We as teachers often naturally form subgroups to make the class less heterogeneous and regroup students that have the same set of skills and competencies. We reckon that punctually or when necessary, the repartition into subgroups should not be made that way. For example, instead of forming a group composed of A2 students, the teacher can choose two A2 students and two B2 students to work together on a module. The B2 students, will not be asked to solely complete the module but to accompany the A2 students : then they will have to formalize, to explain and to explain their knowledge under the supervision of the teacher, who will navigate from group to group to provide them with complementary pieces of information and answer questions if needed.


This practice can be implemented when using structural activities such as the following::


Exercices structuraux Frello

The weakest students will then construct their knowledge thanks to the help of more advanced students, who are then in a process of remediation, allowing them to identify the limits of a competency they thought they mastered. Moreover, questions and explanations are the occasion for more interactions, richer, more numerous, but overall more authentic. The goal here is not only the completion of a structural exercise but the accompaniment towards its completion, which places this technique within the task-based approach. Since the speaking intentions are authentic.


It is also possible to ask a heterogeneous subgroup to collectively complete a production task :


Activité de production collective en blended learning

Here, each student does what is adapted to their level, the more advanced supervising and explaining any linguistical, cultural, or pragmatical elements that are needed to complete the task.

The experience of this approach shows that often the interactions go beyond the task asked: the students discuss, the more advanced getting satisfaction in explaining to others, while the least advanced construct more autonomous learning strategy.


It is therefore not the content that fixates the limits of an activity, but the role that the teacher assigns to each student.


EDUTAINMENT

The tools provided by Frello offer a large range of educational games. These activities do not focus on the language in itself but on the ability of the learner to solve a problem, an enigma or find cultural information. During these activities, however, the learner has to use the language to understand and suggest solutions. Language then becomes a mean and not a goal.


Beyond the well-known benefits of these activities, they also provide an opportunity for differentiated instruction. We elaborated on these activities so that, even when submitted for the A1 level, they can be interesting to more advanced students. Indeed, the difficulty of the activity lies in its completion, and not in the language used.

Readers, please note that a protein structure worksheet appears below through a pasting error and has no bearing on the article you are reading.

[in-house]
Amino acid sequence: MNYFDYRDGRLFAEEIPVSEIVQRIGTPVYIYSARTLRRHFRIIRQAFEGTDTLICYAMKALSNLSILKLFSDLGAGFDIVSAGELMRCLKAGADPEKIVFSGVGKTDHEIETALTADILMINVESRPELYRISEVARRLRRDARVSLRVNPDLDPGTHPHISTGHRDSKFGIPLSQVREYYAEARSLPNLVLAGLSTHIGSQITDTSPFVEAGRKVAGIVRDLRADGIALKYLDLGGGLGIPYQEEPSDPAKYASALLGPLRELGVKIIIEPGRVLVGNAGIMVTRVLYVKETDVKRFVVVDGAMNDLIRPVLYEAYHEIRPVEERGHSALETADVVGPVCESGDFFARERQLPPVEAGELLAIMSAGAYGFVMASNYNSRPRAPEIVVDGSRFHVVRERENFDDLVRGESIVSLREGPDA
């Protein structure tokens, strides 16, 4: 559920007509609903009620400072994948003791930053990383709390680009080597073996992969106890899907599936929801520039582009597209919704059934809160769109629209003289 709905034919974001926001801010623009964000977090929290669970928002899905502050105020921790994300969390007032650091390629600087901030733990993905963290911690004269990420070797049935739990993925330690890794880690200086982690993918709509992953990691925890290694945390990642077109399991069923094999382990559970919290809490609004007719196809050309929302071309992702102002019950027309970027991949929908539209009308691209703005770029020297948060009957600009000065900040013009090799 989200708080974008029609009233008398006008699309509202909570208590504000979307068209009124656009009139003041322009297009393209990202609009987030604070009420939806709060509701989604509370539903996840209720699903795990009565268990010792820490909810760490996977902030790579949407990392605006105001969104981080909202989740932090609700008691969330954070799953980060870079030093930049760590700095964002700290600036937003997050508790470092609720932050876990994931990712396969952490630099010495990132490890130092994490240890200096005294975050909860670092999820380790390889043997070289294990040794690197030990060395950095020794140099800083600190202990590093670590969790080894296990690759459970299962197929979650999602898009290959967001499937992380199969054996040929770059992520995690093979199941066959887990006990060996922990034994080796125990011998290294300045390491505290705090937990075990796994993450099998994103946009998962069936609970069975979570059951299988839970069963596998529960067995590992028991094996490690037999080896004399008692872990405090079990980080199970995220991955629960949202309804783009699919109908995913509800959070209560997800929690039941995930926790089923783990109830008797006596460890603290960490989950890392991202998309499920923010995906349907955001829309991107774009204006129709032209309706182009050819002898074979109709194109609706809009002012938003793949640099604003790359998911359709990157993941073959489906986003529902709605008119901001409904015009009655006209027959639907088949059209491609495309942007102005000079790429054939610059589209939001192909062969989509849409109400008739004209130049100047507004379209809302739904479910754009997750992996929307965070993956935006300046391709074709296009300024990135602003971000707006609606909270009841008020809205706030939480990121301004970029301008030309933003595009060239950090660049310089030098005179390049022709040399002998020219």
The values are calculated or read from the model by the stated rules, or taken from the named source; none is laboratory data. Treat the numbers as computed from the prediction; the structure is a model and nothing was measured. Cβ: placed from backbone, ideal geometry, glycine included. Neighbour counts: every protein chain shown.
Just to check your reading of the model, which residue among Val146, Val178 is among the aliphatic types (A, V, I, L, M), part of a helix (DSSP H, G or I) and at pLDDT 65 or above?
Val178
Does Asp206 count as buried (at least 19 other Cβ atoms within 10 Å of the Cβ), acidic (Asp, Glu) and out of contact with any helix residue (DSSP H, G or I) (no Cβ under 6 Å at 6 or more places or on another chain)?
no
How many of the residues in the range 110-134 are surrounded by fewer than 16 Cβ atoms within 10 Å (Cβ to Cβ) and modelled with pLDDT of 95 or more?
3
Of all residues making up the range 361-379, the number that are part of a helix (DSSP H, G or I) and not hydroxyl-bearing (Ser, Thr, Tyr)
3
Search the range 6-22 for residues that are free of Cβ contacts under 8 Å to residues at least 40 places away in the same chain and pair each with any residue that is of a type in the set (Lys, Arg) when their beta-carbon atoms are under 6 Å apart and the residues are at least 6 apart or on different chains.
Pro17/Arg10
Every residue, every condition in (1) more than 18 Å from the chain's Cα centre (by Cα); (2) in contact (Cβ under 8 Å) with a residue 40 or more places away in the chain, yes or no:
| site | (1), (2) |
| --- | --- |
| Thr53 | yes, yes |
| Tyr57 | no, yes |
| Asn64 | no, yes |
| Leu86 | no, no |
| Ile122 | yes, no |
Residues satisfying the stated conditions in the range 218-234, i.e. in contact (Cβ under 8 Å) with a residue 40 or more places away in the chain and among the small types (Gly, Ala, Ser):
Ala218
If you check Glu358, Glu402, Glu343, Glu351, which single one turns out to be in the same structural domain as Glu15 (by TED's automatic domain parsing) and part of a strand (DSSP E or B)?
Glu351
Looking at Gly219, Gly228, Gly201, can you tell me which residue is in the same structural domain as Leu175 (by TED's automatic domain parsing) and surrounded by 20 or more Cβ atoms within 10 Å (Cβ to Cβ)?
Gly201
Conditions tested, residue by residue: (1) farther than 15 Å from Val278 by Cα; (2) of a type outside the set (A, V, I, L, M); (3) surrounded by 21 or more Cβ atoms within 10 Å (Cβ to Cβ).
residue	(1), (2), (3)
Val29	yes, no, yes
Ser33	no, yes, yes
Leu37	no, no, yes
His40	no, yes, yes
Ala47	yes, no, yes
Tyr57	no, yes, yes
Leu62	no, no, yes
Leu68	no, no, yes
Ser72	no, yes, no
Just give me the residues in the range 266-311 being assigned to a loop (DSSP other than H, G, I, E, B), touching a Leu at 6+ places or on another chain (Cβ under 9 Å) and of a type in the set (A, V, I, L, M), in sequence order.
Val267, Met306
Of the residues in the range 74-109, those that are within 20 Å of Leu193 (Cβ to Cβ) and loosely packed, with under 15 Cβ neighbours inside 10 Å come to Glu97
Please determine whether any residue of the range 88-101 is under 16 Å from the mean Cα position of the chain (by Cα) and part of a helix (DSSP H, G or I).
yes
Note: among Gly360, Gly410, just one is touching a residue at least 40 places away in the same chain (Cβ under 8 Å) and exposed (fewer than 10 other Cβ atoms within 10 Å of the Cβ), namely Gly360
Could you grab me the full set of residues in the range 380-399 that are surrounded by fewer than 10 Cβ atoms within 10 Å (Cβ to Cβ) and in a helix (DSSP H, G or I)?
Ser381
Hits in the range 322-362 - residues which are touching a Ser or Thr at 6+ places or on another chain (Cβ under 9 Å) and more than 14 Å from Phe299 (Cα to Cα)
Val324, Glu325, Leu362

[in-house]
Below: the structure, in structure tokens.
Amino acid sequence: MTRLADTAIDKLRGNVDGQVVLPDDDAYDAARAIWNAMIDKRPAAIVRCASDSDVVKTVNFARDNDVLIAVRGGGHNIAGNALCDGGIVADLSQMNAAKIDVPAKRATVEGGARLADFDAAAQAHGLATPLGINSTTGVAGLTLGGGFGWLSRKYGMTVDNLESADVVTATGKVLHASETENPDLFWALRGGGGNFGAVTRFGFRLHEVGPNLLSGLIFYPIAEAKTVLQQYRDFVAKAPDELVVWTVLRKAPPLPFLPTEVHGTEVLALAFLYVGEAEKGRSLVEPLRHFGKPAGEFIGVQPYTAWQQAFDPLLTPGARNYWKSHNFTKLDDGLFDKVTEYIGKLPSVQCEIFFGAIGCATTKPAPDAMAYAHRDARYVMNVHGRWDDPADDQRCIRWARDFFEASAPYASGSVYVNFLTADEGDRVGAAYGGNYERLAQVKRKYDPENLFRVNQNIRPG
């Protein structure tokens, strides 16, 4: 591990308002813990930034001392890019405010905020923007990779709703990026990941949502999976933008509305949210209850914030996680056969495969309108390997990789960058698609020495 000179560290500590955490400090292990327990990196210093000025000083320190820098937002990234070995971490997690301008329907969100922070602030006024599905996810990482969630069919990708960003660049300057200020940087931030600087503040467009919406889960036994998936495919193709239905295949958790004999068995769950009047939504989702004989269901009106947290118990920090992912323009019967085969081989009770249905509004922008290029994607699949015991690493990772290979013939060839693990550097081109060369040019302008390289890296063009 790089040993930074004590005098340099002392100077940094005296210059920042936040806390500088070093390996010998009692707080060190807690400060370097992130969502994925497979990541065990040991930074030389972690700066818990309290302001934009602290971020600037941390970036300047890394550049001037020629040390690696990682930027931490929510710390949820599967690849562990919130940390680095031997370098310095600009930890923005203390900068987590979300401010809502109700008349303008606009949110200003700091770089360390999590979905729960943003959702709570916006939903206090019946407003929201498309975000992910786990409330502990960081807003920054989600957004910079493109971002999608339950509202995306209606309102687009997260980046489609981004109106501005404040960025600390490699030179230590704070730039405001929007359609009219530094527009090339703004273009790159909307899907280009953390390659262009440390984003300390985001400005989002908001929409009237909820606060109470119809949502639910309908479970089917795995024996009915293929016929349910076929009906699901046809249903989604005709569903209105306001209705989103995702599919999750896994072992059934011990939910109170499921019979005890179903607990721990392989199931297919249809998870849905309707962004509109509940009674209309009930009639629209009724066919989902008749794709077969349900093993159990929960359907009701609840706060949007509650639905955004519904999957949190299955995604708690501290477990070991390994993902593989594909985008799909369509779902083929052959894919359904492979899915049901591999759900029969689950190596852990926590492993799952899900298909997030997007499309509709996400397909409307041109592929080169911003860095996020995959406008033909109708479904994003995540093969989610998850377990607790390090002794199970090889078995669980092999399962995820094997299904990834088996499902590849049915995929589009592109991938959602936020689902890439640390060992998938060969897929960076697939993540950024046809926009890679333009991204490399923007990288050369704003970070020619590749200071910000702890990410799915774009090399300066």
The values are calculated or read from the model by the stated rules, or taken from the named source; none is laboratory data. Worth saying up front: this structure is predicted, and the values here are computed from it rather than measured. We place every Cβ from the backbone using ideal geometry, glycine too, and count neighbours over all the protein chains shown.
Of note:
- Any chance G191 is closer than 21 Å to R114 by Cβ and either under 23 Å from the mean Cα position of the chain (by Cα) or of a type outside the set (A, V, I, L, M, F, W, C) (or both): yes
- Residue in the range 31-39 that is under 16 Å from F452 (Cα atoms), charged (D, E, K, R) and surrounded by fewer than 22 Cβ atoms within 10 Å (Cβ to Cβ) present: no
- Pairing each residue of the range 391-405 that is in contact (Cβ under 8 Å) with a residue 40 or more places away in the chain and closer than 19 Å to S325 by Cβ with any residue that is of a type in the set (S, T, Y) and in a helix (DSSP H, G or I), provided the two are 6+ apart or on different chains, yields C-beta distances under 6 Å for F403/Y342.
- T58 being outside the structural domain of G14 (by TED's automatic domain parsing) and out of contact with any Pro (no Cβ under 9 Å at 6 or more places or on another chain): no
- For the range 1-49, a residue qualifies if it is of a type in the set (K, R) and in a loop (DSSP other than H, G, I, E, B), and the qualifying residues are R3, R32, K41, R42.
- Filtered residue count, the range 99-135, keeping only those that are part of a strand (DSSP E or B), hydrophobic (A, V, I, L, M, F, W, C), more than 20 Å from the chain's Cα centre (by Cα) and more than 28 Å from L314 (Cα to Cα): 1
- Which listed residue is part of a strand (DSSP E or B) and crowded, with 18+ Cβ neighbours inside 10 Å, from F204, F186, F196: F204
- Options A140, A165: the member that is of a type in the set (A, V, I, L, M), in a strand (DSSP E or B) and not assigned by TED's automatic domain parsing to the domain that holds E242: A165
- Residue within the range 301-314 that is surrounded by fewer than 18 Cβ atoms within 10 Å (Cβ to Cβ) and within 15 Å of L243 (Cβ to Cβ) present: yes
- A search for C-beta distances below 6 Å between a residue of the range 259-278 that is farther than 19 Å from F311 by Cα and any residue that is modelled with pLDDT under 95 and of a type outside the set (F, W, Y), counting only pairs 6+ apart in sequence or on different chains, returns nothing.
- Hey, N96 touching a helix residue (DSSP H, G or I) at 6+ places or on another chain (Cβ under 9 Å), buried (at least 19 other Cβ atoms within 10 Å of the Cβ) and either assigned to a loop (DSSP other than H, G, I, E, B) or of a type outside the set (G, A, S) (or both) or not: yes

When completed collectively, those activities once again allow interactions, where formal questions take place. The teacher then becomes a coordinator among the students.





Activités ludo-éducatives en blended learning

Follow-up and evaluation

Implementing differentiated instruction constantly requires the analysis of the students' needs, therefore evaluation. On the platform, the evaluation is made possible thanks to the follow-up tool, that allows teachers to have a vision of their students' progress on a wide range of scale: overall class progression, individual progression, detailed or granular results. These progressions are displayed on the following skills diagrams.



Diagrammes de compétences de Frello

Conclusion

Perrenoud states that in the contemporary literature on the matter, in the official texts ad reforms, there is an ongoing split regarding the role of the teacher. There is a shift from the traditional vertical instruction where the teacher has a top-down approach, towards a vision of the teacher as a resource person whose mission is to organize the learning situations. However, he states that within the field “the representations of instruction and learning remain very traditional”.


The reasons for this remanence are numerous and complex, partly due to the lack of teachers training, and partly due to the availability of means and tools, as Catherine David and Dominique Abry state:


The teacher has to elaborate on the activities submitted to each subgroup but also the whole class group and to anticipate time-compatible activities that allow spending time with the subgroup while the others are working autonomously. The teacher also has to anticipate the corrections, that will necessarily be more numerous and of a greater variety than in a “homogeneous” class, and to organize activities upstream and downstream the class.

The purpose of Frello is to make such tools available. Useable before, during or after the class, the Frello tools allow the implementation of a qualitatively differentiated instruction, taking into account the needs of all students. Not only is their progression accelerated but they also experience a huge gain in autonomy and motivation. The digital tools answer a pedagogical problem that both teachers and students experience. We reckon that the resort to digital solutions within a classroom must be motivated by the will to answer actual pedagogical needs. If this requirement is not met, there is no way the implementation of such tools can work.


Send us an email at learning@frello.fr to know more.